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« The Great State of Time Warner Cable | Main | It only exacerbates the situation »

Mar 14, 2011

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Dave Ribar

Hyde's history isn't much better than Bachmann's. Cornwallis didn't "limp off to the tidewater of Virginia" but instead went to Hillsborough and then on to Wilmington. His army entered Virginia around May and spent about a month chasing Lafayette's forces before turning to Williamsburg. Cornwallis' "impotent" forces fended off Lafayette's in the Battle of Green Spring before moving on to Yorktown.

Roch101

The "grasp" link won't load. Can you do a cut and paste?

Roch101

Never mind. Finally loaded -- just took a while.

bubba

The "victory" here left the British with heavy losses, low on all essential equipment and supplies needed. Cornwallis had previously assured this condition by destroying his baggage train. In addition, Cornwallis failed to make secure his rear, and the losses suffered at Guilford stopped him from manning outposts in north Carolina. He fled to Wilmington in hopes of finding provisions from Charleston. His plan of separating the southern colonies from the North was gone forever.

He might as well have limped off to the Tidewater and ended the hostilities sooner.

justcorbly

Cornwallis lost at Yorktown because the French navy blocked the arrival of reinforcements and supplies. He found himself in that positions because of bad luck, gad decisons, and bad timing: the French fleet arrived off the Chesapeake at a propitious time, and Washington, having acquired accurate intelligence, was able to scurry his troops from New York down to the Virginia tidewater in time to be effective. And the French fleet finally showed up.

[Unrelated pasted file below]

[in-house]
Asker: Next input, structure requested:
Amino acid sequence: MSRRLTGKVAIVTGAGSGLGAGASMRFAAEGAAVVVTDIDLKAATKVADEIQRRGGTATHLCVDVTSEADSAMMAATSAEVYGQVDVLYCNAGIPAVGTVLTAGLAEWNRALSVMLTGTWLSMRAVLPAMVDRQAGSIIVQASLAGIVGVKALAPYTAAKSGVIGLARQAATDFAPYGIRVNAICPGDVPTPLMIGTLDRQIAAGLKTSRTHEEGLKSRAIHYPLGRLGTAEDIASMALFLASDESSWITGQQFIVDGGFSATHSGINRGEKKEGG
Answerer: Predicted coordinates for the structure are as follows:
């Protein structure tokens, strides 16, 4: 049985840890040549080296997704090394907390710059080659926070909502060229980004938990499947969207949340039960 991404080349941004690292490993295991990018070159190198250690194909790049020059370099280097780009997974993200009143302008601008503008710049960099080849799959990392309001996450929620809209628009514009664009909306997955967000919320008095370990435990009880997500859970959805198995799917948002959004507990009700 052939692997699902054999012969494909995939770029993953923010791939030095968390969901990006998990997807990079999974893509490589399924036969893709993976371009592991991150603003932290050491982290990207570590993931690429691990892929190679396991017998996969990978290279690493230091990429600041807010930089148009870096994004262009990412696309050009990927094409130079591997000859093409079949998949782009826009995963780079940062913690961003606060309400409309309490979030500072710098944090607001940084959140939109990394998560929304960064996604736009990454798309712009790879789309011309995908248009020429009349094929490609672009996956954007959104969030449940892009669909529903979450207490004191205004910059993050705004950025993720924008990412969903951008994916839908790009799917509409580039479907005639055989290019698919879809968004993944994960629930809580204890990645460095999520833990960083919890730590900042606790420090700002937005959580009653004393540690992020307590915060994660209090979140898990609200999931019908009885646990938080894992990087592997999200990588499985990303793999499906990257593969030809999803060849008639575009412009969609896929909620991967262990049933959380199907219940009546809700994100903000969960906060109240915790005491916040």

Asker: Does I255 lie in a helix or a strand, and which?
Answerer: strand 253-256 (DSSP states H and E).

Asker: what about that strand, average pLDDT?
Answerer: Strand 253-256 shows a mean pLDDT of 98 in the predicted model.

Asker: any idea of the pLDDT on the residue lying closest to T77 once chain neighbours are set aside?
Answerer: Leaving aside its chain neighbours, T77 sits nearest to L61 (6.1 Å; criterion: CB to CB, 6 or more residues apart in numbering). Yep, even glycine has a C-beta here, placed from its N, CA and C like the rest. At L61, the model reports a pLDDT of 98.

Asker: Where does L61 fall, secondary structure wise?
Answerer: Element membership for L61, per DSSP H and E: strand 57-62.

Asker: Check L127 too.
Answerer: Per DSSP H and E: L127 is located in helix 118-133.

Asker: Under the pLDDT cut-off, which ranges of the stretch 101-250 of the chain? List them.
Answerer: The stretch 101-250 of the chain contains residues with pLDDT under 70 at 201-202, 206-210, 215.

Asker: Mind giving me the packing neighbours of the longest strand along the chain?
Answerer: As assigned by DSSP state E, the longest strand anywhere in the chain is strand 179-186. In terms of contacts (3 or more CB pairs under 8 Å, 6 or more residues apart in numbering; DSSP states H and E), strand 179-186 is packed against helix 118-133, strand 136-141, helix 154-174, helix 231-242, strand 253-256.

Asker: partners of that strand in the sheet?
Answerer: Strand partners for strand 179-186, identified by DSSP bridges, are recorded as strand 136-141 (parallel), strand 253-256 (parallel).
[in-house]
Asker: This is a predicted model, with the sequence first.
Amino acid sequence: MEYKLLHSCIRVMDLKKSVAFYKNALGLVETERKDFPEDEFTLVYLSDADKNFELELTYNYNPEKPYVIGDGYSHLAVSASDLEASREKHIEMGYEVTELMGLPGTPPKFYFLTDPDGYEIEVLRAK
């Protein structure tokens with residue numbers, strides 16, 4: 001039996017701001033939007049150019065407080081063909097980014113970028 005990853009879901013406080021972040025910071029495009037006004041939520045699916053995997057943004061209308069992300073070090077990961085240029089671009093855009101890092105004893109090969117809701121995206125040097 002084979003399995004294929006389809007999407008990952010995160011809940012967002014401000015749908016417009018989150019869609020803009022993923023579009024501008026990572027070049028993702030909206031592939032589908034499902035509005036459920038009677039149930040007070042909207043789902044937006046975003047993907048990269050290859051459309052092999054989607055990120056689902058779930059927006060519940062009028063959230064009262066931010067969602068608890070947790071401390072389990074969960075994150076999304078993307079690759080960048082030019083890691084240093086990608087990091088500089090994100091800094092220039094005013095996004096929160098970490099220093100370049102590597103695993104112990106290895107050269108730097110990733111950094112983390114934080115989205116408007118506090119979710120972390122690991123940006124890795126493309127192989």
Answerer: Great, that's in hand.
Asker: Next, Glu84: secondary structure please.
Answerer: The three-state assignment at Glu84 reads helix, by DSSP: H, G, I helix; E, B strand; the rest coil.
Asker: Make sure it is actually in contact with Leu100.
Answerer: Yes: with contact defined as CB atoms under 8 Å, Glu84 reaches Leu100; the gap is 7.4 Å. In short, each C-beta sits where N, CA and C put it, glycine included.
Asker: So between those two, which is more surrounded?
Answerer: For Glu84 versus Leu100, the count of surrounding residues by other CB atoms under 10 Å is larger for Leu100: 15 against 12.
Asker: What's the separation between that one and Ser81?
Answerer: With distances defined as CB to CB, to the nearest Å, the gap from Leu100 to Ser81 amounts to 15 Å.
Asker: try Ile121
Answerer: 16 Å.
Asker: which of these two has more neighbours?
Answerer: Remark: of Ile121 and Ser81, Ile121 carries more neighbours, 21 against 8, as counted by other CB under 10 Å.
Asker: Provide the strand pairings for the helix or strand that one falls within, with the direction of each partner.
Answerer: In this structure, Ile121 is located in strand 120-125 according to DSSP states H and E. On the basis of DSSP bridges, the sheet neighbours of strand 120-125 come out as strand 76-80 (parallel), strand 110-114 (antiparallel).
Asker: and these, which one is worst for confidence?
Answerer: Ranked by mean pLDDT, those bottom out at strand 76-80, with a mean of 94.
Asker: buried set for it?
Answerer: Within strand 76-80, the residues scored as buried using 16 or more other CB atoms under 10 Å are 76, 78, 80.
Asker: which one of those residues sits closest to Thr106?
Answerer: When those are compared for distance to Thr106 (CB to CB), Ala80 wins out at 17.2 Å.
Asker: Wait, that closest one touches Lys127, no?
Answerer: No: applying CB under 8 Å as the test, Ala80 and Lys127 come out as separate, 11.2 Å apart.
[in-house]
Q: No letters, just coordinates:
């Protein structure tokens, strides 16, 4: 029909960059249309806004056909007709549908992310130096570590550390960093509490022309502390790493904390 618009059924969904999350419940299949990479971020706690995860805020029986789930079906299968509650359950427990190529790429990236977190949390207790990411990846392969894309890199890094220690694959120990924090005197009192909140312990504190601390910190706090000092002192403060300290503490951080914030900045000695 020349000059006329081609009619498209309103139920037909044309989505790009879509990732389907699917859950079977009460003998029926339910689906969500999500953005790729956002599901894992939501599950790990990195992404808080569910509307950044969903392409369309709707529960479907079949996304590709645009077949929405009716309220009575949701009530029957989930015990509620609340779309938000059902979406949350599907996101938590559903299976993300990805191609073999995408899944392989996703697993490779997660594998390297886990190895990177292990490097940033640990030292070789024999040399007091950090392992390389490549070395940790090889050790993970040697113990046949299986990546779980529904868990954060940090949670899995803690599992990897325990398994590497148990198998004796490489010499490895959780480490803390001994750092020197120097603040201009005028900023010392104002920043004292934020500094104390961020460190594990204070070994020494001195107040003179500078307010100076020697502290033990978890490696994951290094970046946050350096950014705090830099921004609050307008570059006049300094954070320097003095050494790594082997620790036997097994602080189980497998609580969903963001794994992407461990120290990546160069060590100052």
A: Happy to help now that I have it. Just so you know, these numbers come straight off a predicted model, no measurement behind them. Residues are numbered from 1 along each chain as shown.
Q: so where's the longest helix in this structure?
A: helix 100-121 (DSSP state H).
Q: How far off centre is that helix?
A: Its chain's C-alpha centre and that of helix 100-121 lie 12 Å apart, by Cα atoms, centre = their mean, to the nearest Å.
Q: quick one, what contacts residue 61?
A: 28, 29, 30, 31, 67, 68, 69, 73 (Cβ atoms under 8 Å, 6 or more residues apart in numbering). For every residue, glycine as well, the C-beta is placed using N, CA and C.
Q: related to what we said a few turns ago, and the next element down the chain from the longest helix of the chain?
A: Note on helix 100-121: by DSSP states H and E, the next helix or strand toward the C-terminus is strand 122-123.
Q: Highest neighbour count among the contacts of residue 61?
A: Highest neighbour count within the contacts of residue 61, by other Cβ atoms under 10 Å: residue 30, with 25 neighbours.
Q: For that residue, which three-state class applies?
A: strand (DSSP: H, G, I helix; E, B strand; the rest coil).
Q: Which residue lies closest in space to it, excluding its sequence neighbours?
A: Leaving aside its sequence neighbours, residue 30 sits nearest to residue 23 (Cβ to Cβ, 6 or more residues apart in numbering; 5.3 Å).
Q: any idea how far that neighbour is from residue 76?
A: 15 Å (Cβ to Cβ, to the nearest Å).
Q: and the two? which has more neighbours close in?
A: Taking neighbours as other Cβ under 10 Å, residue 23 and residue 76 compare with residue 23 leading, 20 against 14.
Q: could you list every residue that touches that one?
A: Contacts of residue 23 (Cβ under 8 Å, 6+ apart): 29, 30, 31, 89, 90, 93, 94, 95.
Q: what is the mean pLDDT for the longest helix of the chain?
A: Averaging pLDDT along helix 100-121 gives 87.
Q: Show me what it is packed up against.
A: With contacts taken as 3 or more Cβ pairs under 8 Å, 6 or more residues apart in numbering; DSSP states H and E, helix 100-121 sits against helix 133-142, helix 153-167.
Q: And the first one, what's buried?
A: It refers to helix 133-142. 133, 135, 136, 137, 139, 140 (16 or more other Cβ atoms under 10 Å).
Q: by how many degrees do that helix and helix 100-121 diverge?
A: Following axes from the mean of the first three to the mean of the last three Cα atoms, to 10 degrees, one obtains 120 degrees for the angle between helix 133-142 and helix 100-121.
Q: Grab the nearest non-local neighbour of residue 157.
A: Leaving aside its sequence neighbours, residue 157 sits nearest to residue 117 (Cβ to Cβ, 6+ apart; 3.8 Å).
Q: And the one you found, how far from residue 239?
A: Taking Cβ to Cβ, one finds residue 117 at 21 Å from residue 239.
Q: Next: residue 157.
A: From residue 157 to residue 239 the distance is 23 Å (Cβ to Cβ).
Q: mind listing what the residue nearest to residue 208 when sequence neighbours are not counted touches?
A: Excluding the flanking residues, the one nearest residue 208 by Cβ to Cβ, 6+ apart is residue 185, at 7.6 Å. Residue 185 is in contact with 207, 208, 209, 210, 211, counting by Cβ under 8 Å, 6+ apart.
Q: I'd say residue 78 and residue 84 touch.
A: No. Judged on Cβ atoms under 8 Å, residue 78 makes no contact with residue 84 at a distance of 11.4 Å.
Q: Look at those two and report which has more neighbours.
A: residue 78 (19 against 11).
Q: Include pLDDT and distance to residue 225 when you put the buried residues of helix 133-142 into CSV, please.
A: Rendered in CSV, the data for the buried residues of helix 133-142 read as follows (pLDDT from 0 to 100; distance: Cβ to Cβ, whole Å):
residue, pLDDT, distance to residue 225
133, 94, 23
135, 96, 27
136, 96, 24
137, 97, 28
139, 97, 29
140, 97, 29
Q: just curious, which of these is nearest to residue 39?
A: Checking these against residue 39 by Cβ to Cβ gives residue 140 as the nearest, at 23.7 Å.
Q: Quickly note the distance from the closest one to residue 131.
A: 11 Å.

The British elite -- pretty much synonymous with the British electorate at the time -- had grown tired of the lengthy war. Cornwall's defeat at Yorktown prompted a cabintet reshuffle, one that was ready to negotiate with the Americans.

We ned to recognize and understand the efforts of Washington and the Continental Army. We can't do that without also undertstanding the role the American revolt played in the ongoing global conflict between France and England.

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